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I'm sure lots of people would consider this album nu-metal, or mallcore, or whatever. Fuck you all. I don't care how many tr00 metal penis inches an album has, all I care is that it's catchy. And Astro Creep 2000 by White Zombie is catchier than the French team at the Ass-Grabbing Olympics.
This album finds the band changing their style yet again, to become more of a groove/industrial act similar to Ministry. Now, we could hold a long and thoughtful discussion about whether they sold out, but the songs on this album are of a damned high quality, turning this into their best album.
White Zombie always were something of a mystery. They were shockingly bad live musicians (especially vocalist Rob Zombie, who couldn't hold a note to save his life) and their sound and image was entirely second hand, yet they exercised a certain strange charm over the listener. Remember, the 90s were a time where everyone was trying to sound as dry and apathetic as possible. White Zombie were a blast of singalong, monsters 'n' mayhem fun. I once heard them described as Beavis and Butthead Metal, and I can't disagree with that description.
"Electric Head Pt 1" starts off with weird samples and voiceovers before cutting into a fast, minimalist pseudo-thrash riff. Rob Zombie's voice sounds huge and menacing, and gives the song the extra punch it needs. (Rob may have sucked live, but he was awesome in the studio) All in all, solid opener. "Super Charger Heaven" is the album's lead single and a ridiculously catchy groove tune that was a staple at the band's live shows. Trying not to sing along to this song is like resisting a girl who has her boobs pressed against her chest and her hand down your pants. "DEVIL MAN, DEVIL MAN, COME ON, RUNNING THROUGH MY HEAD!"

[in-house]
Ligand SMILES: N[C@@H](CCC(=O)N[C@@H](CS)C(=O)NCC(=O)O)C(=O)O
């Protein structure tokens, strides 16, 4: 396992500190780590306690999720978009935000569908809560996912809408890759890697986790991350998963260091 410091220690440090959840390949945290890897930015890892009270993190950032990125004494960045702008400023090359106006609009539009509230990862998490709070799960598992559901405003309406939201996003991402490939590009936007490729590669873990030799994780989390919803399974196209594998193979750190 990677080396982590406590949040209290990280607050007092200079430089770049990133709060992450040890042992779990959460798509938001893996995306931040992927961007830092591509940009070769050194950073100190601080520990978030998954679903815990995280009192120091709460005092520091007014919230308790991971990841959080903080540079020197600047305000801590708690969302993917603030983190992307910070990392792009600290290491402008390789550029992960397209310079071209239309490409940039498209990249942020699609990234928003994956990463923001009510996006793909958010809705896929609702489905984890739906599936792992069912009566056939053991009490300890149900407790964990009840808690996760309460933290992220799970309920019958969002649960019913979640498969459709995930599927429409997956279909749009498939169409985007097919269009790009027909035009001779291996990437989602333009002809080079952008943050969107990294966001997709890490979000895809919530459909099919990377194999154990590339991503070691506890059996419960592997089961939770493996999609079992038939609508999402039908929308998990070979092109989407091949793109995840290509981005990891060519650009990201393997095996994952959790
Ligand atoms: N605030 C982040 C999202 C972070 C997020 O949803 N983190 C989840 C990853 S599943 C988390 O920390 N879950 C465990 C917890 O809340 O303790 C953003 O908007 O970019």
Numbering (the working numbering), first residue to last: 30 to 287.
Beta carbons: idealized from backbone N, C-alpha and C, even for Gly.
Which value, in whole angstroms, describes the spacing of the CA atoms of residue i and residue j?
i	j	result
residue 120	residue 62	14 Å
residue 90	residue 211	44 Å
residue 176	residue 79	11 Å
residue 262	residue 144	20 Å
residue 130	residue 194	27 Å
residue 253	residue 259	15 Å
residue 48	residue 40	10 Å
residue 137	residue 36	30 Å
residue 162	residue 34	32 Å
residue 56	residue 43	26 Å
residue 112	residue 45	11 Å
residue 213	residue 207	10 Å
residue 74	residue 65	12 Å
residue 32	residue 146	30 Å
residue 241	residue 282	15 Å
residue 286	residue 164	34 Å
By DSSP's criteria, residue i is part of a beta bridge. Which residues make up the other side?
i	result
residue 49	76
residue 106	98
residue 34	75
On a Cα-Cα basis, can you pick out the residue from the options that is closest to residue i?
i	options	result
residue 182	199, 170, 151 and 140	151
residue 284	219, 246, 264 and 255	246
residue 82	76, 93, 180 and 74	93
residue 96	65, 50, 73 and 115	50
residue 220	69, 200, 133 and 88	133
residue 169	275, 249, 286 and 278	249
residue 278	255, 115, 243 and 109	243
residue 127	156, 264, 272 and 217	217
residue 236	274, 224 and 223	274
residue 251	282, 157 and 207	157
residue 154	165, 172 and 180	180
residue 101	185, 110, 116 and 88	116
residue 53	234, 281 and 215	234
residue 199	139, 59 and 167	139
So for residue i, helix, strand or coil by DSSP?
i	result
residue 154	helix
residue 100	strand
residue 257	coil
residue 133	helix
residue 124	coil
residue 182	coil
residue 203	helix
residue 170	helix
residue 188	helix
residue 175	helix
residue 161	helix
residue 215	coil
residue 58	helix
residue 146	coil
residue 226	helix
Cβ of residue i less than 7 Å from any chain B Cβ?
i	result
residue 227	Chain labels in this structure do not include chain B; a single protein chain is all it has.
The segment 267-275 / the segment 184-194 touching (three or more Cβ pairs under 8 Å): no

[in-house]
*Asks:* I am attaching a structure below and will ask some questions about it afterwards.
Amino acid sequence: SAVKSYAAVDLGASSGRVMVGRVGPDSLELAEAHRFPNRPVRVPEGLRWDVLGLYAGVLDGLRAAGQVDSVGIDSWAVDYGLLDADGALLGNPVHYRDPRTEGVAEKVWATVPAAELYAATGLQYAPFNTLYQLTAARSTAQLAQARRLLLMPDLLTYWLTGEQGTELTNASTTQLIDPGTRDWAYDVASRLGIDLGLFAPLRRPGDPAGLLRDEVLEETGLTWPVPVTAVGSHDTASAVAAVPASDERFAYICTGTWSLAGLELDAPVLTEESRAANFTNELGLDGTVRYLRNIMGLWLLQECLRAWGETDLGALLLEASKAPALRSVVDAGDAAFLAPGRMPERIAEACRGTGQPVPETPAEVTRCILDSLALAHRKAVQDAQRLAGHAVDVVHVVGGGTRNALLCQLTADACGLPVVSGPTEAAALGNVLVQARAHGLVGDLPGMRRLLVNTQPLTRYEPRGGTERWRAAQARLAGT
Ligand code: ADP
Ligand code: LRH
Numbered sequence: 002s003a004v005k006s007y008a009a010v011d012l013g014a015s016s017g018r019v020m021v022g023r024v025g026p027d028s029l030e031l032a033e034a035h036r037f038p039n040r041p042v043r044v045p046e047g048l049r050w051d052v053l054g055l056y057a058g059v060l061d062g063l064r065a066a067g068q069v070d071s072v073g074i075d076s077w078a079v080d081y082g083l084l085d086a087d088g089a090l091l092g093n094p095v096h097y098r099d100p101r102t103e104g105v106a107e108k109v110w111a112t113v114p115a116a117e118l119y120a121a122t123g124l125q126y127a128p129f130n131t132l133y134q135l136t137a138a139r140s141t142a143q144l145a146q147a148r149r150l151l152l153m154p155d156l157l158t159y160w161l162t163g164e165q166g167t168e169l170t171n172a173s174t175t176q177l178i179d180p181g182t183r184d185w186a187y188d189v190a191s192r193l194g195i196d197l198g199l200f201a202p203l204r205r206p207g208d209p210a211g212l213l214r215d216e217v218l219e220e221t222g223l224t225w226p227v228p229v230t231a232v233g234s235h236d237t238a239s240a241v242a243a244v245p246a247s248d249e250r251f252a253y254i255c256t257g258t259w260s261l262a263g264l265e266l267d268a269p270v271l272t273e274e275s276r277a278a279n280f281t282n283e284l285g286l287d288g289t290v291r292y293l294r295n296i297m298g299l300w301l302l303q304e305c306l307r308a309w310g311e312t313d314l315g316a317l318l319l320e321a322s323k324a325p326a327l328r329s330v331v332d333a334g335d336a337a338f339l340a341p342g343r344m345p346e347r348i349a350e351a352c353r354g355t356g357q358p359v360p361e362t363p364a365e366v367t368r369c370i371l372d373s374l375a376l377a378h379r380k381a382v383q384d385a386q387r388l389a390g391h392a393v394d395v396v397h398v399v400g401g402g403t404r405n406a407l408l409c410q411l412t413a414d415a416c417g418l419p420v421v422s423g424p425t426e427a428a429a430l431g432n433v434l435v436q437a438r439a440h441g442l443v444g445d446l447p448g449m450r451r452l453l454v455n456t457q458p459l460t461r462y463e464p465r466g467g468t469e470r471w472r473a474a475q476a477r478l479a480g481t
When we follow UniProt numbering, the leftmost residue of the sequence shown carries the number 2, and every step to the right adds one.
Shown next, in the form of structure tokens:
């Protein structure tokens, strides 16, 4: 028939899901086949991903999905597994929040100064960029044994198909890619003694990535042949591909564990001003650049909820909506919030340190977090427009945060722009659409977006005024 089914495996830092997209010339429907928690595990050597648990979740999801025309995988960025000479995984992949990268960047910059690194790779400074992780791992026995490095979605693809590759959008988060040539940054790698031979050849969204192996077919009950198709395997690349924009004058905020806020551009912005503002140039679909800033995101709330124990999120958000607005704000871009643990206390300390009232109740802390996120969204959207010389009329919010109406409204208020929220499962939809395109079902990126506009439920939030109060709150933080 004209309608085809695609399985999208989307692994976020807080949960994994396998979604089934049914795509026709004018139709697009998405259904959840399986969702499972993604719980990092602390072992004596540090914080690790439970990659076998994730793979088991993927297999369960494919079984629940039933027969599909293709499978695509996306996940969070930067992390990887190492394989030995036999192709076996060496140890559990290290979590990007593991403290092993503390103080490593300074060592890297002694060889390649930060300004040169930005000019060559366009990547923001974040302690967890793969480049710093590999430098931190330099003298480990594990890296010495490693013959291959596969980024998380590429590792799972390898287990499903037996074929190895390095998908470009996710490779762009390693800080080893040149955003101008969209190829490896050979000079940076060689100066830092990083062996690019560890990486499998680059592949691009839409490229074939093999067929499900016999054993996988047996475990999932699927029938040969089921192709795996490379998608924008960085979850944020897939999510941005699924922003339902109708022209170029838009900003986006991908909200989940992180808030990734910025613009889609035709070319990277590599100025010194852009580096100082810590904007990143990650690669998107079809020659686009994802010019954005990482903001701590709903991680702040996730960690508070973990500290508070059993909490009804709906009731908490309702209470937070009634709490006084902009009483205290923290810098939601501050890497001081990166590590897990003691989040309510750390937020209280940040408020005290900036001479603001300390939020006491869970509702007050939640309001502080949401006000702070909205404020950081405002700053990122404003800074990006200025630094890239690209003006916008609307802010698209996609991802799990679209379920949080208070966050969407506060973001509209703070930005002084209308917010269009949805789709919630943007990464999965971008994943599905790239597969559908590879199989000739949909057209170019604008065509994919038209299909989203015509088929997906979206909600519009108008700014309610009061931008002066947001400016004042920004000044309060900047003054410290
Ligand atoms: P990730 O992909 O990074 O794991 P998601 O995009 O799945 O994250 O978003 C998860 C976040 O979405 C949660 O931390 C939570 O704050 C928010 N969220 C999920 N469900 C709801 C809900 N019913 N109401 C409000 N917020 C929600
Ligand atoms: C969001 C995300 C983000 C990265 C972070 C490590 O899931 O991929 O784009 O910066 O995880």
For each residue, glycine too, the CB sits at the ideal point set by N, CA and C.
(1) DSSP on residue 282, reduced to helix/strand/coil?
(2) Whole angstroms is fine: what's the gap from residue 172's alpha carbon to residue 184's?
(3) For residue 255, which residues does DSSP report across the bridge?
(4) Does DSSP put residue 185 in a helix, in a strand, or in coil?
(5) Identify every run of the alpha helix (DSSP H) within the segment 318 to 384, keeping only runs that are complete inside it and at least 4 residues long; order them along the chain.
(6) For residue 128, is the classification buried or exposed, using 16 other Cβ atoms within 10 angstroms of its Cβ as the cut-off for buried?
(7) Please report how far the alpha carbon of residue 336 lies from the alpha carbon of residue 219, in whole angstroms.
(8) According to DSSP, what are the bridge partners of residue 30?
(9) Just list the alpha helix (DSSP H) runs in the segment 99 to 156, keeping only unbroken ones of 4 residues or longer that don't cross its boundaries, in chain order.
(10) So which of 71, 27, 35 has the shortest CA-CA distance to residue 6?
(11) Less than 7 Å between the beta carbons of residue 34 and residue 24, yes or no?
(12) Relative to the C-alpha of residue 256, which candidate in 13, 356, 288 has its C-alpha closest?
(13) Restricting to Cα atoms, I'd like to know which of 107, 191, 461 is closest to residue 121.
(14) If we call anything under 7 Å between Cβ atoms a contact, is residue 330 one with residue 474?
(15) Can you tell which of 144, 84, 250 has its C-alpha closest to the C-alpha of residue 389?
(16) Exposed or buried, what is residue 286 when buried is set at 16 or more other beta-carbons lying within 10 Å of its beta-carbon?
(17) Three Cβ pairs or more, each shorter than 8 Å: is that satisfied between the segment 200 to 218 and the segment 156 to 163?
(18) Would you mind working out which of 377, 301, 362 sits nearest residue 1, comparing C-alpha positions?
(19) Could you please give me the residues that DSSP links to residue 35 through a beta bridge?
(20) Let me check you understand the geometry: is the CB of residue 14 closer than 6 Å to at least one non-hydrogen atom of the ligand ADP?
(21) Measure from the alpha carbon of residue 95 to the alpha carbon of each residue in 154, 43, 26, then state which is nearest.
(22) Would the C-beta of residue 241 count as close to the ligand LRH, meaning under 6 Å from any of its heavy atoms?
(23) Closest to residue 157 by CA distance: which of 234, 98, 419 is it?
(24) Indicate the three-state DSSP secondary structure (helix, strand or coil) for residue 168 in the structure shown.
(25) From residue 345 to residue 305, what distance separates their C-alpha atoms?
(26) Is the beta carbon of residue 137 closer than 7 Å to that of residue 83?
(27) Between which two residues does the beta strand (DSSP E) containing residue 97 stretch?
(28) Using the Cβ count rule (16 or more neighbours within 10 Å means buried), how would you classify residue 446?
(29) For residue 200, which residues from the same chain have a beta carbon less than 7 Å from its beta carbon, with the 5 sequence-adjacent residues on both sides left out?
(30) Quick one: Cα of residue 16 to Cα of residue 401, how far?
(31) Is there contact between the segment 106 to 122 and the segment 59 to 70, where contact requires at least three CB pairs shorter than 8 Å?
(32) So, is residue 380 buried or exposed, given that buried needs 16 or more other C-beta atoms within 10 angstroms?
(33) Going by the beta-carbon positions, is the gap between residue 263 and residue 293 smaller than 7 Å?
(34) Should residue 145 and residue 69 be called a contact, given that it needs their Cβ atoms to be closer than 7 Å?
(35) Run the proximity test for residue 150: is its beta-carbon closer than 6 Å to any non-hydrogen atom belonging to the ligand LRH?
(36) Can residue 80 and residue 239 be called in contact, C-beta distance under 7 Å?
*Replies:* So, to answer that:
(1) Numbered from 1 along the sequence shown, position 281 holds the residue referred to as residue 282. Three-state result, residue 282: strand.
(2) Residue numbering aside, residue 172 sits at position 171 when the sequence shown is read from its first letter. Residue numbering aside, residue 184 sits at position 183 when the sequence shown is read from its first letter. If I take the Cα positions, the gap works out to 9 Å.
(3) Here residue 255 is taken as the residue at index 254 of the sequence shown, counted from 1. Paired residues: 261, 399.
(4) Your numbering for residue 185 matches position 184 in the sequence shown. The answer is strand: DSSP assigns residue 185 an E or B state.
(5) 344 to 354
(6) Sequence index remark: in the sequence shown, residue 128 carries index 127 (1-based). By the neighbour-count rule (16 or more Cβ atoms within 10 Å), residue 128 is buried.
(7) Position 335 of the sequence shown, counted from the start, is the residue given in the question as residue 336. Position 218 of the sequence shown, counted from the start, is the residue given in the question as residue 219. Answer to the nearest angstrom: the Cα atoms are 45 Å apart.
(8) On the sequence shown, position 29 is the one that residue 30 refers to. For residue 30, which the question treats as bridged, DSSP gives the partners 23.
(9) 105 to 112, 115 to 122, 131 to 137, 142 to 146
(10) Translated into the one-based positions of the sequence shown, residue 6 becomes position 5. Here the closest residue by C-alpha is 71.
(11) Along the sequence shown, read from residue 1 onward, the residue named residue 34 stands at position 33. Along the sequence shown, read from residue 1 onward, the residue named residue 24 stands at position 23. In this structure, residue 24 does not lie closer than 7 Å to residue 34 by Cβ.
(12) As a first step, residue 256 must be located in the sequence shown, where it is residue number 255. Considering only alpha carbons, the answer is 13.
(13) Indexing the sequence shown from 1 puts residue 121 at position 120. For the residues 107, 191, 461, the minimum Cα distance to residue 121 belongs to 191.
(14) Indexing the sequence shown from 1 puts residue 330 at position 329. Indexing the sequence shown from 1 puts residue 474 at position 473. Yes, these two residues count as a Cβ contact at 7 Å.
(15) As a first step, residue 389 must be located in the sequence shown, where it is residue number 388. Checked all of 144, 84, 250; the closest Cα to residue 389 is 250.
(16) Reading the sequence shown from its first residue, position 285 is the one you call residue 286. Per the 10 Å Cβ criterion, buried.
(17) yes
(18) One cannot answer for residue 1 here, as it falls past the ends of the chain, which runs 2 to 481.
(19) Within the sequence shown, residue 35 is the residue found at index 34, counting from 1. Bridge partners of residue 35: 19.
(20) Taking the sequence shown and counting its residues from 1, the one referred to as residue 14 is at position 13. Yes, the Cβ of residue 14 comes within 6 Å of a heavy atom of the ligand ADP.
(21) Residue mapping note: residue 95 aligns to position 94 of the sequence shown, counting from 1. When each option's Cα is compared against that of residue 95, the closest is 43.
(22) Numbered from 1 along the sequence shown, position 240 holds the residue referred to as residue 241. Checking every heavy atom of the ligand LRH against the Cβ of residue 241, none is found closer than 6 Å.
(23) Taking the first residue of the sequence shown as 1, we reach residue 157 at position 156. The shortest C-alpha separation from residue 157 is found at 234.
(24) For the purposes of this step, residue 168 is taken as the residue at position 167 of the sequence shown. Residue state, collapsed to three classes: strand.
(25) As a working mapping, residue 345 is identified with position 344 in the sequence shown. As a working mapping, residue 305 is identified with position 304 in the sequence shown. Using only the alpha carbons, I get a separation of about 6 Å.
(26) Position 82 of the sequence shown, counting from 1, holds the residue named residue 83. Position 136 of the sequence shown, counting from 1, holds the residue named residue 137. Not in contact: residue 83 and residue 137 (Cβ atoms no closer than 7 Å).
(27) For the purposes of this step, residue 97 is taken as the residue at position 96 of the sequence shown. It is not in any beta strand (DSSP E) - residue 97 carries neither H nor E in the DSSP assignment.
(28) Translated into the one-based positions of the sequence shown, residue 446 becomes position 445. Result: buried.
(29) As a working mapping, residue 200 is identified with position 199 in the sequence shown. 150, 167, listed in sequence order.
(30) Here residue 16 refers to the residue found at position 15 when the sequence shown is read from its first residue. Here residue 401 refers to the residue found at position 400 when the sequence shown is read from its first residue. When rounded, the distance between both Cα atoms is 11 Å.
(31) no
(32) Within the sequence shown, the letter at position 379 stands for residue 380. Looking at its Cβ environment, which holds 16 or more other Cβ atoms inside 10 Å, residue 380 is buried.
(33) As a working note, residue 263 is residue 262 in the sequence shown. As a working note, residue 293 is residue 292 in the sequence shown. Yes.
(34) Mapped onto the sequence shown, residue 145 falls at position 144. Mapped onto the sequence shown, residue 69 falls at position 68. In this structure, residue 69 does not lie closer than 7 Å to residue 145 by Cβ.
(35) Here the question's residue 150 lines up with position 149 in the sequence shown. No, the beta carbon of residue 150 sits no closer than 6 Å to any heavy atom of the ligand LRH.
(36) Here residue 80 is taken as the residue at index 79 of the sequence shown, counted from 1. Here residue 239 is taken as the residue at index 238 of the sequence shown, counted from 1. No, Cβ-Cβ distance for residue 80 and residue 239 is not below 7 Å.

Unlike the band's previous offering, the album remains relatively solid right the way through. There are no bad songs, although a couple of songs like "Real Solution #9" don't have the same impact the others do. Betraying their noise rock roots, songs like "Grease Paint and Monkey Brains" have this kind of grungy sting, and this contrasts well with faster speed metal like "I, Zombie" and "El Phantasmo")
"Creature of the Wheel" is super heavy, with ominous double-bass rolls and a roared vocal performance from Rob Zombie. I have a soft spot for "El Phantasmo and the Chicken Blast-O-Rama". It starts out with a merry circus tune before WHAM! WHAM! WHAM!, a brutal thrash riff that kicks your teeth out through the back of your head. Even the most jaded metalhead will enjoy this one.
"Electric Head Pt 2" and "Blur the Technicolor" are groovy funk metal with lots of catchy parts. "More Human than Human" was the band's biggest chart success and is probably the most immediately accessible song here. It's rapcore, but don't be scared off, because it owes more to the Melvins than to Limp Bizkit. It has an overdriven bass riff and some tasteful electronics turning this into a freaky trip-out session where Rob pays lyrical homage to the movie Blade Runner.
The album's strangest moment is "Blood Milk and Sky." It is sounds sort of like a song from Sepultura's Roots album, in that it blends tribal music and groove metal. Again, don't get the wrong idea. It is far better than anything on Roots, and I'm just making the comparison so you can get a point of reference in your mind. There's something hypnotic about those chug-chug riffs and wailing chants. And even though it's 11 minutes long, it stays relatively fresh right the way through. At the end, there is a short instrumental called "The Sidewalk Ends where the Bug Parade Begins" that mostly consists of guitar feedback. A homage to Lou Reed, perhaps?
All of these songs listen well, but together they form something greater than the sum of their parts. Back the old days, albums actually were albums, in that they were conceptually united pieces of music. They weren't merely a list of cuts spliced together by studio producers. Despite their undeniable mallcore tendencies, White Zombie understood this. Astro Creep 2000 is fun, catchy and silly, but at the end of the day I feel justified in calling it a small work of art.